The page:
National Redress Scheme welcomed
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National Redress Scheme welcomed

The Executive Council of Australian Jewry has welcomed the July 1 start date for the $3.8 billion National Redress Scheme for Survivors of Child Sexual Abuse – approved by the Senate last week – while commending Jewish Care Victoria “for its decisive leadership” in becoming the first Australian Jewish organisation to officially sign up to it.

Photo: Exopixel/Dreamstime.com
Photo: Exopixel/Dreamstime.com

THE Executive Council of Australian Jewry (ECAJ) has welcomed the July 1 start date for the $3.8 billion National Redress Scheme for Survivors of Child Sexual Abuse (NRS) – approved by the Senate last week – while commending Jewish Care Victoria “for its decisive leadership” in becoming the first Australian Jewish organisation to officially sign up to it.

President Anton Block confirmed the ECAJ can now brief Jewish organisations that work with children about the scheme, and request a response from them about joining it and confirmation of compliance with child protection laws.

Other measures recommended by ECAJ’s National Working Group can now be activated, including organising a panel of child protection experts to inform the Jewish community.

Another recommendation is for ECAJ to work with Yeshivah and Adass Israel School in Melbourne, and Yeshiva Sydney – “which were specifically identified for their historic failings in relation to child protection [by the Royal Commission]” – in consultation with survivors, “as they consider all appropriate action to right past wrongs.”

The ECAJ also welcomed Prime Minister Malcolm Turnbull’s announcement of a national apology to survivors of child sexual abuse for October 22, adding “it would be expected that relevant Jewish institutions will have previously published their [own] apology to survivors”.

The NRS will run for 10 years and applies to non-government organisations on an opt-in basis.

It will offer survivors access to counselling and support, a direct response from the institution concerned, and acknowledgment of harm caused. Under the NRS, any payments to individual survivors will be capped at $150,000, and the needs of eligible victims will be determined on a case-by-case basis.

Jewish Care Victoria president Mike Debinski said his organisation “believes it has a moral obligation to support members of the community who were victims”.

“Our decision [to join] is consistent with Jewish Care’s long-held belief that victims of child sexual abuse should have acess to reparation through structured redress schemes.”

The organisation launched its own redress scheme in 2013, one of the first organisations in Victoria to do so, and is “fully supportive of a national apology,” Debinski said.

A Yeshivah Centre (Melbourne) spokesperson told The AJN the centre “is actively taking steps towards joining the NRS and should soon be able to finalise its position to join”.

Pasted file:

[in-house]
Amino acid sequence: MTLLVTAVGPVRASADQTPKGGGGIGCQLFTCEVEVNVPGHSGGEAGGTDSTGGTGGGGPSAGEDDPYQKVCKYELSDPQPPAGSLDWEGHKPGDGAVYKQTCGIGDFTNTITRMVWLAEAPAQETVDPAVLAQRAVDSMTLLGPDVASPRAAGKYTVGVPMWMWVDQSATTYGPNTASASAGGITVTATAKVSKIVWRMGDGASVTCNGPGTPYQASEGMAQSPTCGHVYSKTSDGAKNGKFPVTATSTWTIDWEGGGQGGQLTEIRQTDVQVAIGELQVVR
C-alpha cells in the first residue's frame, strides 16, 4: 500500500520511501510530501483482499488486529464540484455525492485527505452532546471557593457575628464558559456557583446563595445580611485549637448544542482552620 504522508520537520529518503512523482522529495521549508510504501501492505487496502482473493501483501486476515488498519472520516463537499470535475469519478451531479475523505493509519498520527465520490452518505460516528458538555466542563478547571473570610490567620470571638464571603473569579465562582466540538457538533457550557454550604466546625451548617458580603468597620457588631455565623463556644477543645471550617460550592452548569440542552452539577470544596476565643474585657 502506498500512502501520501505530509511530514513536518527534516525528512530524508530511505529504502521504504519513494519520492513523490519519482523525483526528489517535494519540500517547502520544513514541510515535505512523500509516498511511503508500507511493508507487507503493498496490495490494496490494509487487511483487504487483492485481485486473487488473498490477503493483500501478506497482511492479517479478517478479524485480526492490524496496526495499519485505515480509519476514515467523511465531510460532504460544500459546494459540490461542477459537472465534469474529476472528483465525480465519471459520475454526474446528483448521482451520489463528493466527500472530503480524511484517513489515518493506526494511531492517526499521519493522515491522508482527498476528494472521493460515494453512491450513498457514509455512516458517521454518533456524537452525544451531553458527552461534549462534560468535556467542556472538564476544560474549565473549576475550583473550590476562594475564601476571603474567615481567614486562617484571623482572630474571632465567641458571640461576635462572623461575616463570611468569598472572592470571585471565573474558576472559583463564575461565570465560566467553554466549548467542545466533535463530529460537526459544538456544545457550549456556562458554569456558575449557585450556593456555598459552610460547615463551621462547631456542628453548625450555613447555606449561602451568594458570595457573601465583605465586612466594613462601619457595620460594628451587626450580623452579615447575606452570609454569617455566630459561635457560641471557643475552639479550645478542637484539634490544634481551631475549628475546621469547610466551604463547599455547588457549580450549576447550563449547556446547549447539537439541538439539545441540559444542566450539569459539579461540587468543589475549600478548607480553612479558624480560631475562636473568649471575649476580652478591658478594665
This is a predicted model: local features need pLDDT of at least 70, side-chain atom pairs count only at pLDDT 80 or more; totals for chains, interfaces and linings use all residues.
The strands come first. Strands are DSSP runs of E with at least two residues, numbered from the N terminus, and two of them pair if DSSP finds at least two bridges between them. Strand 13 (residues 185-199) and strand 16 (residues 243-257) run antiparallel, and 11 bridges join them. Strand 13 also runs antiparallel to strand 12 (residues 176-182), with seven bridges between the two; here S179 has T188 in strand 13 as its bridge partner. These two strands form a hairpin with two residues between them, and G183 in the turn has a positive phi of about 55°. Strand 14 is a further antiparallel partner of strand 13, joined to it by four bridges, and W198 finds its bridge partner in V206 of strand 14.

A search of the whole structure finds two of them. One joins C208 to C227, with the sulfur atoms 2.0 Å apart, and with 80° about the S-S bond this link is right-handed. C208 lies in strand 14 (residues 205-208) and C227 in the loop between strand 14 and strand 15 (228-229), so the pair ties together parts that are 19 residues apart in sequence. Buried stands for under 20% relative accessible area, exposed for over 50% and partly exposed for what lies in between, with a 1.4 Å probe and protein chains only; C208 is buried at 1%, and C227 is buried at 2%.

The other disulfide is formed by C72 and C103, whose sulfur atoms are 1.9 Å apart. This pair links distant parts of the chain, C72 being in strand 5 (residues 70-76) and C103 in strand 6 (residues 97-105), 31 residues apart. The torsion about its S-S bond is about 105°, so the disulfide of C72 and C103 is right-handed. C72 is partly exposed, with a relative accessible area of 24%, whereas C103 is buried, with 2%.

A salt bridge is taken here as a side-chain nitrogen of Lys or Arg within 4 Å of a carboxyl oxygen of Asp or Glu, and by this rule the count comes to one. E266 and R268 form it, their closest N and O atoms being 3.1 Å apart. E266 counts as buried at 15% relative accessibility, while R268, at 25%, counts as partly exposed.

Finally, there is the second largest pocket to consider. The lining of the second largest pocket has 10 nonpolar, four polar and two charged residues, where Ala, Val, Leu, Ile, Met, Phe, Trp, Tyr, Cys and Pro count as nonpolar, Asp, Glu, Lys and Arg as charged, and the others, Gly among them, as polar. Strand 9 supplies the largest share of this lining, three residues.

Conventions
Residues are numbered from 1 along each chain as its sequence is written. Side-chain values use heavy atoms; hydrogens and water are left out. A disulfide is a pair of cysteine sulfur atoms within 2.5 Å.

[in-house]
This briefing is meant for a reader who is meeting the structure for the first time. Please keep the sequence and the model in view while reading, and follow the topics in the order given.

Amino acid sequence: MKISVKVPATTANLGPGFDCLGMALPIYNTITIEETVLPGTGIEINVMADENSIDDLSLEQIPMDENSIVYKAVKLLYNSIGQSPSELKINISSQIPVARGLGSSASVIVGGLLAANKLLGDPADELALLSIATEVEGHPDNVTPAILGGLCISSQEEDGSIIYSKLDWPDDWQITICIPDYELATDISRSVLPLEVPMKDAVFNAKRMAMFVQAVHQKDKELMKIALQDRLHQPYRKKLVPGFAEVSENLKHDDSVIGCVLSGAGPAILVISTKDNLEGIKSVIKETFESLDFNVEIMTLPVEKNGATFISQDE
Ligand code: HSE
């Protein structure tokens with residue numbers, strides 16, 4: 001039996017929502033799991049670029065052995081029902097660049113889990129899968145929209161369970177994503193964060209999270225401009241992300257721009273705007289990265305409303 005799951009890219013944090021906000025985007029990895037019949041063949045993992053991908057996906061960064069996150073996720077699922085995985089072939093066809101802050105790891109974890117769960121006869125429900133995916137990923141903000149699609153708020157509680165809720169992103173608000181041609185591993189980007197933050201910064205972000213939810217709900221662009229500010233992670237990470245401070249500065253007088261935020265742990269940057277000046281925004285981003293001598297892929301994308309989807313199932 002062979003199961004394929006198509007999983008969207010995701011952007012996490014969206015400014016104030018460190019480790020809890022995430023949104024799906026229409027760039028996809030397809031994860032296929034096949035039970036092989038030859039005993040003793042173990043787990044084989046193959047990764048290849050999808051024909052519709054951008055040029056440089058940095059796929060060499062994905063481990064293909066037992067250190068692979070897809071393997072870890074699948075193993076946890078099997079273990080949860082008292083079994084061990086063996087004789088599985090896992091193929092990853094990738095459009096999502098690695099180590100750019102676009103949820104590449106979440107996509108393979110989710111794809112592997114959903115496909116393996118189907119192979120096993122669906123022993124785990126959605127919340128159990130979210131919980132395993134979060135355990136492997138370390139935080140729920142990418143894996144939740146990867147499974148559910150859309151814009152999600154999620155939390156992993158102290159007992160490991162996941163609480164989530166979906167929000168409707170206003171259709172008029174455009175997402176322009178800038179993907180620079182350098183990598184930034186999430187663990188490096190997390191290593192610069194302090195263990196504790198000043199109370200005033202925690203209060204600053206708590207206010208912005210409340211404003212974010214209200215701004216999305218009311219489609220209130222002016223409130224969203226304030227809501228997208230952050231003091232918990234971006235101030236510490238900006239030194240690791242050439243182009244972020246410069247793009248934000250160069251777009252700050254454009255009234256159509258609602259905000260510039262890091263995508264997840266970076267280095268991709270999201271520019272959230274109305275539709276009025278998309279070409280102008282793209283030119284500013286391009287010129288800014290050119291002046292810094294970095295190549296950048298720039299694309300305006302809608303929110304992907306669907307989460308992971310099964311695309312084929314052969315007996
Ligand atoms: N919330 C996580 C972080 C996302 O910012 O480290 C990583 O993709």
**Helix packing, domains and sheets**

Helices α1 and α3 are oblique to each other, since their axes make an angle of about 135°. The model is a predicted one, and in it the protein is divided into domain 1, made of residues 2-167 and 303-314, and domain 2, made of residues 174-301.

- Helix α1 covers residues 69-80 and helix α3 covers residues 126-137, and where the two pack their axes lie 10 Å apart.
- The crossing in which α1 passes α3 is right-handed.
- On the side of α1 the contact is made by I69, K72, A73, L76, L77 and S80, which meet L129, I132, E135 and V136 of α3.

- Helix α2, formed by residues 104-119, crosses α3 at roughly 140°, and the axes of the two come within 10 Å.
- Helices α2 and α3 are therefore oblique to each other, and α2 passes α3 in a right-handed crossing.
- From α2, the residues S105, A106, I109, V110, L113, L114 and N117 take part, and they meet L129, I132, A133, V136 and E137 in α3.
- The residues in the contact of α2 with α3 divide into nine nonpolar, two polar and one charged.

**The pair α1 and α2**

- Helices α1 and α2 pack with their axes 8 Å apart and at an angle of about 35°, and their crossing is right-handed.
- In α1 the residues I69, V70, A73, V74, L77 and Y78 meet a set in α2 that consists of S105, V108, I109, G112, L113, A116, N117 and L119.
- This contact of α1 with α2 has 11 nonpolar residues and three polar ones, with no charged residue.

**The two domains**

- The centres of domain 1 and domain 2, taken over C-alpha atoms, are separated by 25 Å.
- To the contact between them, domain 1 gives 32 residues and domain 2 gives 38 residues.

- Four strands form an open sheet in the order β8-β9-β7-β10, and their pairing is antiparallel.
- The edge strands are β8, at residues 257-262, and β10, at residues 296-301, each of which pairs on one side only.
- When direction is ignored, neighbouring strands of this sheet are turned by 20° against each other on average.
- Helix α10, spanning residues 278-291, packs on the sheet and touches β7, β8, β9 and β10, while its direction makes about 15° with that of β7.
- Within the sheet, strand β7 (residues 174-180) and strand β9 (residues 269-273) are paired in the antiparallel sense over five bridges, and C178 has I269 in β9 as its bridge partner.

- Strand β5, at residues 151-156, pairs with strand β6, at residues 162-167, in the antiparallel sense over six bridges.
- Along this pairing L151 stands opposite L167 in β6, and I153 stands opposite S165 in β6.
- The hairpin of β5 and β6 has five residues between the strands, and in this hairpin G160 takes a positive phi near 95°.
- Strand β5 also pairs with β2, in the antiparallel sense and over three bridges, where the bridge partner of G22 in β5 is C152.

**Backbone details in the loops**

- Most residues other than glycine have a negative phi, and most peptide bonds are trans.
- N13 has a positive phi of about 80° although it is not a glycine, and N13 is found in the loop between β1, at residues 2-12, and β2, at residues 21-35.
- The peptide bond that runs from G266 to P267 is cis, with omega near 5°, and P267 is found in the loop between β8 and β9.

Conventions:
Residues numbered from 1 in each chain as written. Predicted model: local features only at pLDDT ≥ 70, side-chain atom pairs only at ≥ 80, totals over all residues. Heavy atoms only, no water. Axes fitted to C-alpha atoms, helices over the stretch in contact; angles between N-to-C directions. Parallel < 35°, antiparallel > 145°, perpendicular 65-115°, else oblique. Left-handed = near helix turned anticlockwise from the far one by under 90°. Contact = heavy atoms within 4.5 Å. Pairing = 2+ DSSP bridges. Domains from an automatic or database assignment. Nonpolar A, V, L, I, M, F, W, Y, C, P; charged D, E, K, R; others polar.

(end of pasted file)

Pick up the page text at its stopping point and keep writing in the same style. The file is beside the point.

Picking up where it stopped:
Yeshivah launched its own interim redress scheme in accordance with national recommendations and “has made apologies to individuals and the broader public” and it “strongly supports” the national apology.

Commenting shortly before the legisalation passed, Adass Israel principal Dr Israel Herszberg stated “when the legislation is passed and the details are finalised, we will then look at the concept of opting into the scheme.”

He said Adass “endorses in principle” the national apology.

Principal Roy Steinman of Sydney’s Kesser Torah College, which was formed to replace the old Yeshiva College, welcomed the NRS starting, saying, “We have every intention of supporting this process – it is the proper thing to do.”

Yeshiva general manager Rabbi Dovid Slavin stressed that Yeshiva College Bondi Ltd, formed in 2008, is a different entity to the organisation named in the Royal Commission’s report. He added, “We are highly committed to supporting the NRS [and] have strict policies and processes in place in relation to child protection.

“Yeshiva College Bondi Ltd does support the Prime Minister’s announcement of a national apology to survivors of child sexual abuse.”

The AJN sought comment from Rabbi Pinchus Feldman, formerly of the Yeshiva Centre Sydney, but did not receive a response.

A Maccabi Australia spokesperson told The AJN comprehensive child and member protection policies have been implemented across the organisation and its clubs. The spokesperson said a decision about Maccabi Australia joining the NRS is yet to be made.

For more information about the recommendations made by ECAJ’s National Working Group in relation to the NRS, visit http://www.ecaj.org.au/2018/royal-commission-report-on-child-abuse-implications-for-the-jewish-community/
PETER KOHN AND SHANE DESIATNIK

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